Many pro bono cases involve a lawyer coming to the urgent aid of an individual who is suffering because they cannot access justice. Sometimes, however the lawyer is able to help on a more long term basis. This case study is an exceptional example of the latter.
In response to the cultural destruction of the Second World War, The International Institute for the Conservation of Historical and Artistic Works (IIC) was formed with the help of Slaughter and May. Since 1950, the law firm has advised on structural changes, contracts, intellectual property, employment and governance matters, as well as supporting international conferences – all in a pro bono capacity.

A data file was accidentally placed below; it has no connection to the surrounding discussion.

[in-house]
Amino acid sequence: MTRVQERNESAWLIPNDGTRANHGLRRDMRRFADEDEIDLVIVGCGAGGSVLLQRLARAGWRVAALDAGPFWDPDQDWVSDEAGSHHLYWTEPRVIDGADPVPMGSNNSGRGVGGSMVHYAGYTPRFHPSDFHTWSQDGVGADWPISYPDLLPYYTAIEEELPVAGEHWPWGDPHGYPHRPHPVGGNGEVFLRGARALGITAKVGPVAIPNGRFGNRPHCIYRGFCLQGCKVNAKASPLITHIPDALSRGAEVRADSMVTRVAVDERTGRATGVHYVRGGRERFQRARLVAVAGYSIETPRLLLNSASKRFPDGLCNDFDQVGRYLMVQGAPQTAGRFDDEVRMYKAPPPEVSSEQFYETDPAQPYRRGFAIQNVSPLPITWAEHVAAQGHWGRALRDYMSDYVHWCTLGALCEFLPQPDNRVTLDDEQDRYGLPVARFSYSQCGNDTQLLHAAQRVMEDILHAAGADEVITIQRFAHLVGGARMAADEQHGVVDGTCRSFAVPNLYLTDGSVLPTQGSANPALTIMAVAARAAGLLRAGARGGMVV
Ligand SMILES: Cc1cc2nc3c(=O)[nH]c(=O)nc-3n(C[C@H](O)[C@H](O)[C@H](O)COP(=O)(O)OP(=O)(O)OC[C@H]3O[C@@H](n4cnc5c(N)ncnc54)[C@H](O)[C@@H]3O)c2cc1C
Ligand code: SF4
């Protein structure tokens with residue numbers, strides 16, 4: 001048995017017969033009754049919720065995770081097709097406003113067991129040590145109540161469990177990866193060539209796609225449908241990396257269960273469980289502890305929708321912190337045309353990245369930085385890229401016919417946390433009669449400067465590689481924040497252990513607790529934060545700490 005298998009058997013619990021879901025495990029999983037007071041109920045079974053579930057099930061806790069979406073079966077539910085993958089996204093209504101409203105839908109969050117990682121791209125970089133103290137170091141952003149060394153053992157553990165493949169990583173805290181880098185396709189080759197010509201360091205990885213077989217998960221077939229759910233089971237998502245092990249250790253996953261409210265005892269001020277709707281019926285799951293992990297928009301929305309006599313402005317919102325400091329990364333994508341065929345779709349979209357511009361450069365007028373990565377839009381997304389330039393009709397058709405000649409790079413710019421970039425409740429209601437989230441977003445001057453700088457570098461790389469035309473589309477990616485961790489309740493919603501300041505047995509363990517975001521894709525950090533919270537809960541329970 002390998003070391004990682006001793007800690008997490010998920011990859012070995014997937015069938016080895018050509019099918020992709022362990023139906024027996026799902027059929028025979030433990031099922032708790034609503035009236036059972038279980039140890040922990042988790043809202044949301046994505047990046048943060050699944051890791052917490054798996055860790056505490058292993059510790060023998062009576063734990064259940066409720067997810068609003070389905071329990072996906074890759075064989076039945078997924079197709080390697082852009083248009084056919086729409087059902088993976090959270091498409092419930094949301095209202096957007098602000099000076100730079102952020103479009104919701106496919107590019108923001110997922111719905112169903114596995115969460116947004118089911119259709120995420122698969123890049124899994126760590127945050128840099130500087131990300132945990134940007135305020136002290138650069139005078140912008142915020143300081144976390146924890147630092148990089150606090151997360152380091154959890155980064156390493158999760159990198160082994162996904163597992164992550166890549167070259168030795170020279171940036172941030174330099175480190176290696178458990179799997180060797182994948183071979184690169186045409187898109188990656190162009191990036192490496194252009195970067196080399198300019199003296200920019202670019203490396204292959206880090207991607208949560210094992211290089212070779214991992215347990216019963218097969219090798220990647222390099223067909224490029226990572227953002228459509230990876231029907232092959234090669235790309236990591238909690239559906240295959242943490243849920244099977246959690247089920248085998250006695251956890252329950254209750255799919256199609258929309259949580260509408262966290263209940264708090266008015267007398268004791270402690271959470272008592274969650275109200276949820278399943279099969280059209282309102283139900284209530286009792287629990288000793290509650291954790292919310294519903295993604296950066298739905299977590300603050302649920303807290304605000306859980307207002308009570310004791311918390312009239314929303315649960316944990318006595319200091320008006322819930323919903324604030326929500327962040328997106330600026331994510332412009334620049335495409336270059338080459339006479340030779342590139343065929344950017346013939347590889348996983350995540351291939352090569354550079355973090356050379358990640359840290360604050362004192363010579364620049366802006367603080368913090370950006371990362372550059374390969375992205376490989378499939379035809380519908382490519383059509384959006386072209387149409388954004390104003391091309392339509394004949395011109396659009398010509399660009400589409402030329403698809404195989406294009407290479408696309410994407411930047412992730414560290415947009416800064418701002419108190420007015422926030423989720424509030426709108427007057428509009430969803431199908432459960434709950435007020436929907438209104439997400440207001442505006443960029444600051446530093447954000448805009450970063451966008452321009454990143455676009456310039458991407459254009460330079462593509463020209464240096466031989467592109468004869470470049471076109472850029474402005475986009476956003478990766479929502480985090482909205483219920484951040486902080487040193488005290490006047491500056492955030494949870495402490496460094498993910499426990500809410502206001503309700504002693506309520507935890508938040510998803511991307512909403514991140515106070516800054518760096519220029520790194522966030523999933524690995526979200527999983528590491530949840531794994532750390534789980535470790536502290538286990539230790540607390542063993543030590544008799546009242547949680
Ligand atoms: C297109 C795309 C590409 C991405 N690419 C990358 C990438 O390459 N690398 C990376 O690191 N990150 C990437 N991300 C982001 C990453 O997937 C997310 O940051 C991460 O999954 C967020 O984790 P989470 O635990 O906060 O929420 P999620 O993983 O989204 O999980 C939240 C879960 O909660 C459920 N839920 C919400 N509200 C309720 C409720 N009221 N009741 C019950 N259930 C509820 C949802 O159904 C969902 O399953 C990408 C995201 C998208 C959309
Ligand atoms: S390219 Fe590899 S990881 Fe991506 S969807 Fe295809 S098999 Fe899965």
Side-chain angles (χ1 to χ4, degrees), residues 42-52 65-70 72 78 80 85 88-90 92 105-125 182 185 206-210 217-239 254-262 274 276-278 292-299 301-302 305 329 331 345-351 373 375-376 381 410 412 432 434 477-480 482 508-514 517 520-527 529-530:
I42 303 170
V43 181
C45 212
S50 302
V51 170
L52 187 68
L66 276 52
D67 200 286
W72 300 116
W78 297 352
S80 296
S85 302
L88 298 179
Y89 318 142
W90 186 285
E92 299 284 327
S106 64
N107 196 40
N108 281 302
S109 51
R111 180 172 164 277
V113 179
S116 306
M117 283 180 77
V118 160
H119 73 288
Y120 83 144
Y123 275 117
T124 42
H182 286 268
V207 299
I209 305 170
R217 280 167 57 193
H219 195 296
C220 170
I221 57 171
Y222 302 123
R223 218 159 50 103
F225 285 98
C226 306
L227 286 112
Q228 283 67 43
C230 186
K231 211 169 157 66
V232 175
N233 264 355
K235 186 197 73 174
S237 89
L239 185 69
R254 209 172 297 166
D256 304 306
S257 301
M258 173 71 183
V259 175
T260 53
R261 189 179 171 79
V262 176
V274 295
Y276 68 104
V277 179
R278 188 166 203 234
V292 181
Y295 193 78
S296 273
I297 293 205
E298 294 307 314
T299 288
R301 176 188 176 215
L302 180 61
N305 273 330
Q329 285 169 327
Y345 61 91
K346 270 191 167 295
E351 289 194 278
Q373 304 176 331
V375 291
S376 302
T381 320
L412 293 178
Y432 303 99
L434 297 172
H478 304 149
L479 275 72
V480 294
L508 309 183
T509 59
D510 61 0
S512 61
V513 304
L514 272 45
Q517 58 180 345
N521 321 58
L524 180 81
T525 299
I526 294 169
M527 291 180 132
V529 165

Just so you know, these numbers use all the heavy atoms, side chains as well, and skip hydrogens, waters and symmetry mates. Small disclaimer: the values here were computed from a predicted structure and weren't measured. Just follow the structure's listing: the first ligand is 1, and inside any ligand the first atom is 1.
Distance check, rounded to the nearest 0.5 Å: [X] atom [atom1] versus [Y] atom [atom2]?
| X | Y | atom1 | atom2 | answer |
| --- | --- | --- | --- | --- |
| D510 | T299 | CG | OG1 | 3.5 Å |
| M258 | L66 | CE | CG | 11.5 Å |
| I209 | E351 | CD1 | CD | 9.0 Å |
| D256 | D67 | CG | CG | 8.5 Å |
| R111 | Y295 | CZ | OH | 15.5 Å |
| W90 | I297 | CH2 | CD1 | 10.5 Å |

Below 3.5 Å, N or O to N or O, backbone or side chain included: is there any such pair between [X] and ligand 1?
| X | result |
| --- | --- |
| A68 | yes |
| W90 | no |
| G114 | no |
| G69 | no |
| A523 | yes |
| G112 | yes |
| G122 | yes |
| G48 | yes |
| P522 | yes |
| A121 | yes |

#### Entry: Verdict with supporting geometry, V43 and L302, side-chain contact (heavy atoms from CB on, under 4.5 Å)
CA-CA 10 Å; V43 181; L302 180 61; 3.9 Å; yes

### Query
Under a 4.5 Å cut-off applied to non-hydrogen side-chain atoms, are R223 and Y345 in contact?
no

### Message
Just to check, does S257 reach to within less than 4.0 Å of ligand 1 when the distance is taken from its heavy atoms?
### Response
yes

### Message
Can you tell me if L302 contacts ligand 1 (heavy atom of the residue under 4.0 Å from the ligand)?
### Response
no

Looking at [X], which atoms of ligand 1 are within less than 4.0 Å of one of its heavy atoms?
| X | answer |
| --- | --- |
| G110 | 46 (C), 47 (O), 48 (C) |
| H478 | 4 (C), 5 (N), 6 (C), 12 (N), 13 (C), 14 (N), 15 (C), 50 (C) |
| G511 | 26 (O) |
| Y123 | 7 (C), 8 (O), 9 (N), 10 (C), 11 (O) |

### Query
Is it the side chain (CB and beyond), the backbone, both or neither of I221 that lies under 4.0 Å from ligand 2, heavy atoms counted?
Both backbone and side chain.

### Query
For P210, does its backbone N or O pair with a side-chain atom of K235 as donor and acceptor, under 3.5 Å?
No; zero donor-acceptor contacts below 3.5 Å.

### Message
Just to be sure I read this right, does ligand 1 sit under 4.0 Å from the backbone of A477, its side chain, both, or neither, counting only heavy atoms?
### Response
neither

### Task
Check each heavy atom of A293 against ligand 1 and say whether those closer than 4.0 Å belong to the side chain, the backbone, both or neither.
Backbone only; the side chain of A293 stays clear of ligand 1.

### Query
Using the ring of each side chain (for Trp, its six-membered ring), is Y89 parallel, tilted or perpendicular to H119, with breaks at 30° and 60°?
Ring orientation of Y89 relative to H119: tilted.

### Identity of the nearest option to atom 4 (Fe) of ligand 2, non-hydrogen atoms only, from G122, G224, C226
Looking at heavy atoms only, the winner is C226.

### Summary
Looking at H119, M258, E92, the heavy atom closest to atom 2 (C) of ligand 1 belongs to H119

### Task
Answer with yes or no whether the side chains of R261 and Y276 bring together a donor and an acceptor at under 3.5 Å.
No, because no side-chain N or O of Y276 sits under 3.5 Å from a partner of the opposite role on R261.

Helen Griffiths, one of the IIC’s trustees said: “Slaughter and May’s continuing pro bono assistance has enabled IIC to respond flexibly to the changing world in which it has operated for over seventy years. Organisational changes and new relationships and initiatives have been implemented and more effective international reach have been achieved without the need to divert significant resources from IIC’s core purpose.”
This pro bono support has made a cultural contribution and facilitated the conservation of art, culture and history as Slaughter and May continue to work with IILC internationally to build capacity in the sector, to ensure best practice and to advocate for conservation.